Use of trade names and commercial sources is for identification only and does not imply endorsement by the U.S. Department of Health and Human Services.

References to non-CDC sites on the Internet are provided as a service to MMWR readers and do not constitute or imply endorsement of these organizations or their programs by CDC or the U.S. Department of Health and Human Services. CDC is not responsible for the content of pages found at these sites. URL addresses listed in MMWR were current as of the date of publication.


All MMWR HTML versions of articles are electronic conversions from typeset documents. This conversion might result in character translation or format errors in the HTML version. Users are referred to the electronic PDF version (http://www.cdc.gov/mmwr) and/or the original MMWR paper copy for printable versions of official text, figures, and tables. An original paper copy of this issue can be obtained from the Superintendent of Documents, U.S. Government Printing Office (GPO), Washington, DC 20402-9371; telephone: (202) 512-1800. Contact GPO for current prices.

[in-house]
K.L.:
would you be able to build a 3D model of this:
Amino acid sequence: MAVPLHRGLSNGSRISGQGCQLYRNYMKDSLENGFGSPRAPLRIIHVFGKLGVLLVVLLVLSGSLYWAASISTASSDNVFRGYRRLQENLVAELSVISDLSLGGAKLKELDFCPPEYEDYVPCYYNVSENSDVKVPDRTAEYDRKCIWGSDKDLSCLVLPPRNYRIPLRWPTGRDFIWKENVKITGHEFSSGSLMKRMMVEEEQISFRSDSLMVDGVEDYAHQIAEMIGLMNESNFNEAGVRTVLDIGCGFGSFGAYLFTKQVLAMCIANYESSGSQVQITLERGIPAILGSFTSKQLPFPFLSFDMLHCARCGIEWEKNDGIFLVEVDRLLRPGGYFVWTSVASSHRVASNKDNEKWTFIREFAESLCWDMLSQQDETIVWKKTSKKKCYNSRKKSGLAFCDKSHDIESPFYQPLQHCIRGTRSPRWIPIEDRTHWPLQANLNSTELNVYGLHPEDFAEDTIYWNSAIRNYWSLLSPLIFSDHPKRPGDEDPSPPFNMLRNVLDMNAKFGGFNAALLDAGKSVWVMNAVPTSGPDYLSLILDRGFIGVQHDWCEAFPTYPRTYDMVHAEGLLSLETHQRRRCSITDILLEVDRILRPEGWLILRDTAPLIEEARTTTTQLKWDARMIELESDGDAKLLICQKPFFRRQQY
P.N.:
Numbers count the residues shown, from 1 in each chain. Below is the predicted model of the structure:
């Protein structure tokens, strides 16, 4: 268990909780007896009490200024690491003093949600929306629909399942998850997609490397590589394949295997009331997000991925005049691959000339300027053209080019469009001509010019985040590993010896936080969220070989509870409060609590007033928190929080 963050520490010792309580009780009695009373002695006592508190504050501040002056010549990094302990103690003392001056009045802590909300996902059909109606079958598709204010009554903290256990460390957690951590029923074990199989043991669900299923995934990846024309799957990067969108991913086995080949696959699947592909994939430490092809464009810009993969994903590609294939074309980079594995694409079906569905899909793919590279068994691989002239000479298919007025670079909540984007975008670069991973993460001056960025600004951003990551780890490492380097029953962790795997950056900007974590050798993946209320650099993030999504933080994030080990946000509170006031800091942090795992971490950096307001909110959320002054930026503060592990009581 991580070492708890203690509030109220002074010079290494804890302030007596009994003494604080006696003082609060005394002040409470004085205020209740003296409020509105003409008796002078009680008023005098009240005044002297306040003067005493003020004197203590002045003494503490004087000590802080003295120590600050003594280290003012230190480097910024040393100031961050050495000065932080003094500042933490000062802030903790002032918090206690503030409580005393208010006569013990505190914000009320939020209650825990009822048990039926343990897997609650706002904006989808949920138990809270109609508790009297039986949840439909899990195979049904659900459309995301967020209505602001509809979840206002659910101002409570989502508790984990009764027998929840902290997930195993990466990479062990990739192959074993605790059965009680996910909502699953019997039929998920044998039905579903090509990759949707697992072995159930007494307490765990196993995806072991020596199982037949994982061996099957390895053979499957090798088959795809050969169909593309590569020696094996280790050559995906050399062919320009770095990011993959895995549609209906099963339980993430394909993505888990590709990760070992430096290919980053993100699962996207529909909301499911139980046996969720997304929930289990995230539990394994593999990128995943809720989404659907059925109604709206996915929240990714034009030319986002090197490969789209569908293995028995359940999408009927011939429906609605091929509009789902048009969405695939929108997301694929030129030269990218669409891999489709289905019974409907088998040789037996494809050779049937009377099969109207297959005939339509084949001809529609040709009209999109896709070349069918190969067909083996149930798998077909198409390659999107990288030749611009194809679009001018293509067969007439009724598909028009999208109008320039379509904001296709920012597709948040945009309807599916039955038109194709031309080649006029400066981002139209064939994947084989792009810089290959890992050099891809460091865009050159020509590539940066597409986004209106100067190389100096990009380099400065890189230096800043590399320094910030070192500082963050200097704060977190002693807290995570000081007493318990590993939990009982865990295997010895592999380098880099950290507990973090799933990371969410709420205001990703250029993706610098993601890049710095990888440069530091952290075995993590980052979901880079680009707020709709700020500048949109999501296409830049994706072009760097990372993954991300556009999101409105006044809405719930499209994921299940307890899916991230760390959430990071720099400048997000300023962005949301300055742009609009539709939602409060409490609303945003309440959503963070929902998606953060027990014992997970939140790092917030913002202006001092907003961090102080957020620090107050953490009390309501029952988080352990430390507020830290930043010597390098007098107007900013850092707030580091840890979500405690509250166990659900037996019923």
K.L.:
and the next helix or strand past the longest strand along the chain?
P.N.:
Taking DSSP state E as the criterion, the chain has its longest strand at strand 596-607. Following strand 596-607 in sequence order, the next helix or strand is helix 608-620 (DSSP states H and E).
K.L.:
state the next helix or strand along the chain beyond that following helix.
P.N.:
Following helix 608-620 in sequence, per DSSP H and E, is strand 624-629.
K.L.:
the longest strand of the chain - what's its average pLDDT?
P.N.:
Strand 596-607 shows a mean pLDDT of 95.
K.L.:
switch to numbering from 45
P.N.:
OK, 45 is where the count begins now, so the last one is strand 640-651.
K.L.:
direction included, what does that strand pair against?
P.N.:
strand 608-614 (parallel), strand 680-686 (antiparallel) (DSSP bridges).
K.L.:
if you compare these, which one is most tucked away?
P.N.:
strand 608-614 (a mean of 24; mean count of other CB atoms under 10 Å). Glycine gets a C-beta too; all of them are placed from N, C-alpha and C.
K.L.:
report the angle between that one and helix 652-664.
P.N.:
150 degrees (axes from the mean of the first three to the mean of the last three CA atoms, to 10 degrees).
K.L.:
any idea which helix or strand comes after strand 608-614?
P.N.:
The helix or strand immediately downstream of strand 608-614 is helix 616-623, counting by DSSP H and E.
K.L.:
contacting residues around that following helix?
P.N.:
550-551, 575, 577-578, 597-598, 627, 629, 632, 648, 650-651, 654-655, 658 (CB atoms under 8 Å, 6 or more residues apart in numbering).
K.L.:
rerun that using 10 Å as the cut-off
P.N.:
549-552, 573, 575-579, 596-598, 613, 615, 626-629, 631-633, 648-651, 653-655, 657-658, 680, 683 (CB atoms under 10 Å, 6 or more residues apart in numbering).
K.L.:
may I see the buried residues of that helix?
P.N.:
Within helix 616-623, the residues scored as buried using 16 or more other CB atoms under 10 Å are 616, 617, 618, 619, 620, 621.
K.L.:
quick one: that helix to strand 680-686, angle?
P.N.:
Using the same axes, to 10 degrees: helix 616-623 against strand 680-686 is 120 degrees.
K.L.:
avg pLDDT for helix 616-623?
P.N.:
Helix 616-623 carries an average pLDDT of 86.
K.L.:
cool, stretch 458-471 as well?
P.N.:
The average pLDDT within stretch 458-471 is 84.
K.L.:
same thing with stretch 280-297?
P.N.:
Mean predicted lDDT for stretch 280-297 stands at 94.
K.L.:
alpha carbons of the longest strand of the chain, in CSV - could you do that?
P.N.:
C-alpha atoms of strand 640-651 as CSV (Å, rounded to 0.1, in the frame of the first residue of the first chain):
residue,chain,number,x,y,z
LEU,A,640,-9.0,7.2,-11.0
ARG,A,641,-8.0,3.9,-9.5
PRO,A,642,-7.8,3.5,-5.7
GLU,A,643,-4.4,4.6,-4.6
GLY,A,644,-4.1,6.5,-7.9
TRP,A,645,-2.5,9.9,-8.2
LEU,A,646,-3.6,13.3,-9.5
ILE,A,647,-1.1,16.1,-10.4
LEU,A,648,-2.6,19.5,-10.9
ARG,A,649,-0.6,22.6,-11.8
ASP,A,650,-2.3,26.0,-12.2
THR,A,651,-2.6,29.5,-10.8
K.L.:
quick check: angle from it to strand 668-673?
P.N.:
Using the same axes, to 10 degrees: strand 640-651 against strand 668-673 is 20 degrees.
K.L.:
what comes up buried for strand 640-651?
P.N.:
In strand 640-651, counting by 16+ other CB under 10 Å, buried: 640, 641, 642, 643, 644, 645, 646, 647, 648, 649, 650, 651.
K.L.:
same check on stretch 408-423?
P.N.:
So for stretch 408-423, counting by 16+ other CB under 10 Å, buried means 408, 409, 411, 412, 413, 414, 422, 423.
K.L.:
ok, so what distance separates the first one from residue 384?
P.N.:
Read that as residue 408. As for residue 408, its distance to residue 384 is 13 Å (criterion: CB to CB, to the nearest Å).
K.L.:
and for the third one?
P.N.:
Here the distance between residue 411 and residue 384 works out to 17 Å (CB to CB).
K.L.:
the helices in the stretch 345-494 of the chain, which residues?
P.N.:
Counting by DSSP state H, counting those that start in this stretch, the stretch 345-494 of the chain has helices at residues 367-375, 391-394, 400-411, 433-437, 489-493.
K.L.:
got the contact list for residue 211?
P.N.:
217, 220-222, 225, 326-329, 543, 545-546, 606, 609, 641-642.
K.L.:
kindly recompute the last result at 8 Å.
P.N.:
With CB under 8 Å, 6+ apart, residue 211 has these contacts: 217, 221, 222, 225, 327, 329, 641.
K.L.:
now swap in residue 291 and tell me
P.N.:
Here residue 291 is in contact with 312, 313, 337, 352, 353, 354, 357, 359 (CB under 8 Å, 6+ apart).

**Questions or messages regarding errors in formatting should be addressed to mmwrq@cdc.gov.

 
USA.gov: The U.S. Government's Official Web PortalDepartment of Health and Human Services
Centers for Disease Control and Prevention   1600 Clifton Rd. Atlanta, GA 30333, USA
800-CDC-INFO (800-232-4636) TTY: (888) 232-6348 - Contact CDC–INFO
A-Z Index
  1. A
  2. B
  3. C
  4. D
  5. E
  6. F
  7. G
  8. H
  9. I
  10. J
  11. K
  12. L
  13. M
  14. N
  15. O
  16. P
  17. Q
  18. R
  19. S
  20. T
  21. U
  22. V
  23. W
  24. X
  25. Y
  26. Z
  27. #